(Again, in a real application I would probably use hash URIs for the  
classes and properties.)

Hope that helps,
Richard



> Is there any specification that answers this question?
>
> If there is none, which is the better practice?
> (I'd be happier with the former, though)
>
> Many thanks in advance again.
>
> Best,
> Yoshio Fukushige
> fukushige.yoshio@jp.panasonic.com
>
>
> On Mon, 15 Oct 2007 08:06:35 +0200
> Richard Cyganiak <richard@cyganiak.de> wrote:
>
>>
>> Hi,
>>
>> Short answer: A vocabulary (or ontology) *is* an information  
>> resource.
>>
>> Longer answer: You correctly point out that the documents cited below
>> advocate the use of 303 redirects on vocabulary URIs. However, this
>> has nothing to do with the question wether vocabularies are
>> information resources or not.
>>
>> Note that the 303 status code has existed in HTTP since long before
>> the Semantic Web. A 303 status code simply means: “The server is
>> unable or unwilling to send you a representation of the resource you
>> asked for. Instead, it points you to some related information.” There
>> are many reasons why the server might be unable to provide a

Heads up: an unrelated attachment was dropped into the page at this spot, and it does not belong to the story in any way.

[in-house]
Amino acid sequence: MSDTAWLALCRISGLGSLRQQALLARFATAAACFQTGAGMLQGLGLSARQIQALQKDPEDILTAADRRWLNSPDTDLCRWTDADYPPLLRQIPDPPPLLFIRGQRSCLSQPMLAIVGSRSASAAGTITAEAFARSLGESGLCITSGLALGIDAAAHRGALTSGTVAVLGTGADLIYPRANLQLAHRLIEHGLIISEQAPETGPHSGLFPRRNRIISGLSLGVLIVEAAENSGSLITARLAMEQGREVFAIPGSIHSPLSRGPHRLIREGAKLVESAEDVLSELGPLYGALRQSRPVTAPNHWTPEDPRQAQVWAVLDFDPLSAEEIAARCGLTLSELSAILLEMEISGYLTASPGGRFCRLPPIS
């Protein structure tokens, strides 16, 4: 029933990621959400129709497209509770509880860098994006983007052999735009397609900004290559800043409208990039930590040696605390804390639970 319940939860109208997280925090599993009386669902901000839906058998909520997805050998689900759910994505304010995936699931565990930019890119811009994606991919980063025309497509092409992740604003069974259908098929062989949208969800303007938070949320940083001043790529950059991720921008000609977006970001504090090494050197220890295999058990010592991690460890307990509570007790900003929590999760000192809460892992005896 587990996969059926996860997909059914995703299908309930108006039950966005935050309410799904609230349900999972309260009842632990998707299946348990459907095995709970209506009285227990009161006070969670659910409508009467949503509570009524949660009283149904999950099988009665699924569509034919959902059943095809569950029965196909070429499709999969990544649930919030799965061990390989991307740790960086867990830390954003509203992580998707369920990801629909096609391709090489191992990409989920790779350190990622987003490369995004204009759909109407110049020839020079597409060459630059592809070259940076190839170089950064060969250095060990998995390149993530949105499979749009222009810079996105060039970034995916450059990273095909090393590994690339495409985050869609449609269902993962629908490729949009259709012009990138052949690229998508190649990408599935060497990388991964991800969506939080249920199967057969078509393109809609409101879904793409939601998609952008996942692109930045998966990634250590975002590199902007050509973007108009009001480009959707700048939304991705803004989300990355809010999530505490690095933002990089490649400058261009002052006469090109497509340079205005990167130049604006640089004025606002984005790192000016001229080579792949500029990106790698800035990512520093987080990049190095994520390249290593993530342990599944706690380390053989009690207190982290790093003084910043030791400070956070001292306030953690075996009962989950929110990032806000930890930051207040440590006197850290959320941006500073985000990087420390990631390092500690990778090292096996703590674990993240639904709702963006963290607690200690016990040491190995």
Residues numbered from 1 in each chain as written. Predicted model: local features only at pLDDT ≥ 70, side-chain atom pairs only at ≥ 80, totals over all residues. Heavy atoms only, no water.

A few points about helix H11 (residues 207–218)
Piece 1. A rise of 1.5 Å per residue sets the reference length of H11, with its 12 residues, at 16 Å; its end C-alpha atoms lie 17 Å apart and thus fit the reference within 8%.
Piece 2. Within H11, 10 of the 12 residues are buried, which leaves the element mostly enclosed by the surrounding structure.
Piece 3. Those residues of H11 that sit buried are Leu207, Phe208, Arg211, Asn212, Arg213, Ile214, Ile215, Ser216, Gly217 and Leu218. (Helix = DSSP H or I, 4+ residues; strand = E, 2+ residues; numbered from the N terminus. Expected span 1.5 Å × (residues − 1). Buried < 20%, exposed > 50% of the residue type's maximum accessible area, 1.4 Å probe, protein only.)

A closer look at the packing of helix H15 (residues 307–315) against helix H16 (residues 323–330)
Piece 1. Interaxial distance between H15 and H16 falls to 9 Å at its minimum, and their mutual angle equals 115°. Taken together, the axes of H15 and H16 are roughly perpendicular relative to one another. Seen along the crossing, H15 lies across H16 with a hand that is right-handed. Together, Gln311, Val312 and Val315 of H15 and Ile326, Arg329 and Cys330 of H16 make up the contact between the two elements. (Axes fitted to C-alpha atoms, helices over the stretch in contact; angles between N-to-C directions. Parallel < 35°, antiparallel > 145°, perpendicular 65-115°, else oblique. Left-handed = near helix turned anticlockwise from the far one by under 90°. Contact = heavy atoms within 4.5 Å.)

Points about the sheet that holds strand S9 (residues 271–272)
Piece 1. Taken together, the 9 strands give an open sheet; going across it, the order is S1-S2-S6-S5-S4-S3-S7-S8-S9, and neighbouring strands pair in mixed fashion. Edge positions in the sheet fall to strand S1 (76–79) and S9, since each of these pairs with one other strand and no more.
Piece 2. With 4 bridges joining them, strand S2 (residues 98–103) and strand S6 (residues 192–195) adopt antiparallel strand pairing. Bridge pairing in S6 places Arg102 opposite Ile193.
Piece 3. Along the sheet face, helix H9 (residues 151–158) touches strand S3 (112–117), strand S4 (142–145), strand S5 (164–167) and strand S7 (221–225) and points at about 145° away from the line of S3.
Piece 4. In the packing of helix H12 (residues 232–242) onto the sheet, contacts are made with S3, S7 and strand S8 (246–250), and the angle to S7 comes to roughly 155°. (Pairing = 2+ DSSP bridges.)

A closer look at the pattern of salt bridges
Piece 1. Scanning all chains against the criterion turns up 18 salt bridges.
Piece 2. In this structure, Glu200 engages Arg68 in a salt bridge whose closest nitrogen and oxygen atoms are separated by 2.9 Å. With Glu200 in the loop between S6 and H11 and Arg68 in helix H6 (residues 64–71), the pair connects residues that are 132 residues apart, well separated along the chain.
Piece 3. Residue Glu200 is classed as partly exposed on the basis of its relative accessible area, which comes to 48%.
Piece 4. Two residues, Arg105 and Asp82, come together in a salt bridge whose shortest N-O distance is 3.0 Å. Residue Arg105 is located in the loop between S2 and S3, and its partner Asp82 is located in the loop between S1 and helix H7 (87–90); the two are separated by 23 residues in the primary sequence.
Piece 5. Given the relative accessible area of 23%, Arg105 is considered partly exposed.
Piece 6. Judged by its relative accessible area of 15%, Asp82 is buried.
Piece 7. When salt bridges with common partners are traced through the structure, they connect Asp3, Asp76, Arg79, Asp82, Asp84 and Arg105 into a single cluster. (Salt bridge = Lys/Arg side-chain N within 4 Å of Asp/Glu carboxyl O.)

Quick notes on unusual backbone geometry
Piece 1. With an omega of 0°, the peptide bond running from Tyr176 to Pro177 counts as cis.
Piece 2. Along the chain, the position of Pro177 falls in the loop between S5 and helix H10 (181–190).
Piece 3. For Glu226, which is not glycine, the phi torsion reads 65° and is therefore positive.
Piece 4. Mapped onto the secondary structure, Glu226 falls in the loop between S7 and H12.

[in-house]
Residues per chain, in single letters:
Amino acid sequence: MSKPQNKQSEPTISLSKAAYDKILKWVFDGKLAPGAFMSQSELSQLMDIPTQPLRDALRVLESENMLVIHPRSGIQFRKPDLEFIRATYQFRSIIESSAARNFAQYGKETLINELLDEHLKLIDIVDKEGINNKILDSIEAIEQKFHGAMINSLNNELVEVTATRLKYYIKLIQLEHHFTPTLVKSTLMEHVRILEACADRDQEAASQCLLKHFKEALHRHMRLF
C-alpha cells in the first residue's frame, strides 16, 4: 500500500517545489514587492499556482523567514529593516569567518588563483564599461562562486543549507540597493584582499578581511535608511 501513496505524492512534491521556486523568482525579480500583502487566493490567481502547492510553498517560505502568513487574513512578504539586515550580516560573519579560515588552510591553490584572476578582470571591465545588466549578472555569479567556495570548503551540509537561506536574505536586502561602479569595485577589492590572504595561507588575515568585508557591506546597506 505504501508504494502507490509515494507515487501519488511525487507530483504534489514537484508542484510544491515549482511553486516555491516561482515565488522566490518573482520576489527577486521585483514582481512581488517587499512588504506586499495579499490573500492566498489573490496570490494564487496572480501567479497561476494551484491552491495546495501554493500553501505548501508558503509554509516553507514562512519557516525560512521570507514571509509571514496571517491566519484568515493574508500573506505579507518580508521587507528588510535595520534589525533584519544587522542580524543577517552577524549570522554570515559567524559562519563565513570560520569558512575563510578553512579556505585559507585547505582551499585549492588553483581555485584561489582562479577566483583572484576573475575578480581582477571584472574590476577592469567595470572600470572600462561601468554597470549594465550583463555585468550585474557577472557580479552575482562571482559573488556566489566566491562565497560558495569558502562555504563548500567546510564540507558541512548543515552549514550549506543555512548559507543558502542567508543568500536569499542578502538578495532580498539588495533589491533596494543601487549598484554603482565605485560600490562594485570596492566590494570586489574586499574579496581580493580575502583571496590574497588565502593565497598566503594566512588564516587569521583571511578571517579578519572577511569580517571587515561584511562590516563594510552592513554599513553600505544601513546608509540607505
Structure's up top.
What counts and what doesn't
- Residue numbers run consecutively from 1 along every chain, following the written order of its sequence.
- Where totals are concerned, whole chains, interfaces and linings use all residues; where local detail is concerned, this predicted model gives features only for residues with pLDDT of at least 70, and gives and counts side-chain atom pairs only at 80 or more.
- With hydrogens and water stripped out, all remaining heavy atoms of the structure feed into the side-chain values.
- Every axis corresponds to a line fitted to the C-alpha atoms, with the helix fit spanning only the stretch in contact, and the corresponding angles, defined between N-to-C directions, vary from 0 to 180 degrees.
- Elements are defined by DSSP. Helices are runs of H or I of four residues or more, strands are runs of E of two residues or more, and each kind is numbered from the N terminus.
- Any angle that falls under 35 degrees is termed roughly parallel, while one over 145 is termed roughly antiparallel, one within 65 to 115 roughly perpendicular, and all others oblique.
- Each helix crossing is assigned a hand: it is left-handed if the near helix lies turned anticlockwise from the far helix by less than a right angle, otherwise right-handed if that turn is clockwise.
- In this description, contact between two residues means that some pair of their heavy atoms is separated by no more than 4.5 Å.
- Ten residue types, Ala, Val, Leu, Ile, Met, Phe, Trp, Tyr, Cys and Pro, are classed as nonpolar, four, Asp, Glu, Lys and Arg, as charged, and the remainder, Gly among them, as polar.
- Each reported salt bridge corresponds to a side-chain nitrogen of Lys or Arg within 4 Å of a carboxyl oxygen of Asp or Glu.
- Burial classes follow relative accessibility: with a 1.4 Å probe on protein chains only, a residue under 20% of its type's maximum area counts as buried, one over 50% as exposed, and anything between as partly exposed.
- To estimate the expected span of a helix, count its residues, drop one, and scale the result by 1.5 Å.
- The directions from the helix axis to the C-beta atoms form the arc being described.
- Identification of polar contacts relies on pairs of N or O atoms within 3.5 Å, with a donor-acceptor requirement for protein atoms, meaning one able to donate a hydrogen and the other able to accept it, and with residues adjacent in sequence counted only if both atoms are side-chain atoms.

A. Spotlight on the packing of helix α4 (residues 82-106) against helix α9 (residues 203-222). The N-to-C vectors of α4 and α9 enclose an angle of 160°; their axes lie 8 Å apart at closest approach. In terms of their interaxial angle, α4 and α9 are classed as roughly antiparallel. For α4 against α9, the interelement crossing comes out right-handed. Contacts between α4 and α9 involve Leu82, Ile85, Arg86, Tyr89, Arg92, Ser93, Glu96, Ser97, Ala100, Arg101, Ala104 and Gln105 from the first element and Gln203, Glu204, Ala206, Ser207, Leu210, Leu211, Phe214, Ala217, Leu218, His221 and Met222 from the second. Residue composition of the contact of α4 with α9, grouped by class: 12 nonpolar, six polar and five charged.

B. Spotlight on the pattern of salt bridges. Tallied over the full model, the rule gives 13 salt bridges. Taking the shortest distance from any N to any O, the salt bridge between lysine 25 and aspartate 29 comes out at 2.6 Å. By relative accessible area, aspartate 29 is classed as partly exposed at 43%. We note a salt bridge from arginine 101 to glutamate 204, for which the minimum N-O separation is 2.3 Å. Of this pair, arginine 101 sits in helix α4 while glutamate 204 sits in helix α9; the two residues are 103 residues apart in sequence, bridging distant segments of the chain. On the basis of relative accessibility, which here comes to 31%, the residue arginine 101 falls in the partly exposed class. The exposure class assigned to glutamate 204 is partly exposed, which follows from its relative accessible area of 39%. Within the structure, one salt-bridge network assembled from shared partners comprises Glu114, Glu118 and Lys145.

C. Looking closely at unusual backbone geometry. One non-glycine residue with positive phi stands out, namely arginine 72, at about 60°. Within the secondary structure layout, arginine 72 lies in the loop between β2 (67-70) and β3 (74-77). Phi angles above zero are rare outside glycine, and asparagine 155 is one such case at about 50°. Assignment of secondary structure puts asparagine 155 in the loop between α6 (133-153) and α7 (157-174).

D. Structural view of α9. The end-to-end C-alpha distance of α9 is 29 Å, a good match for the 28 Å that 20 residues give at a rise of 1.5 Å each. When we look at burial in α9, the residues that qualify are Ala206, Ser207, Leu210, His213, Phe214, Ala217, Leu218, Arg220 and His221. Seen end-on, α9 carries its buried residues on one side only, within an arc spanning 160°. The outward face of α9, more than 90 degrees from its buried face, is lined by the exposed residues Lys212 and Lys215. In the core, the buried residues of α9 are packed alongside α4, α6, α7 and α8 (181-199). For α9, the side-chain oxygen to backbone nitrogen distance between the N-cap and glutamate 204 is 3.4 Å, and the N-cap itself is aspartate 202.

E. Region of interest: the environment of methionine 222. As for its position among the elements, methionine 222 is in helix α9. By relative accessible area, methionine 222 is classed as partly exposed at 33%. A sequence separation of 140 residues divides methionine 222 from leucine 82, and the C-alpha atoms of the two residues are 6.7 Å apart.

>> representation. One of them is that the resource is not an
>> information resource, but this is not the only possible reason for
>> setting up 303 redirects.
>>
>> But in our case, the reason is a different one. It has to do with
>> content negotiation on hash URIs. (Note that the recipes you cite
>> deal *only* with hash URIs.)
>>
>> According to the specifications, if <myVocabulary> serves HTML, then
>> <myVocabulary#myTerm> identifies a part of that HTML document. If
>> <myVocabulary> also servers RDF via content negotiation, then
>> <myVocabulary#myTerm> identifies whatever the RDF document says, for
>> example a term in my vocabulary.
>>
>> Some people (including me) see this is a contradiction, a URI cannot
>> identify a section of an HTML document and a vocabulary term at the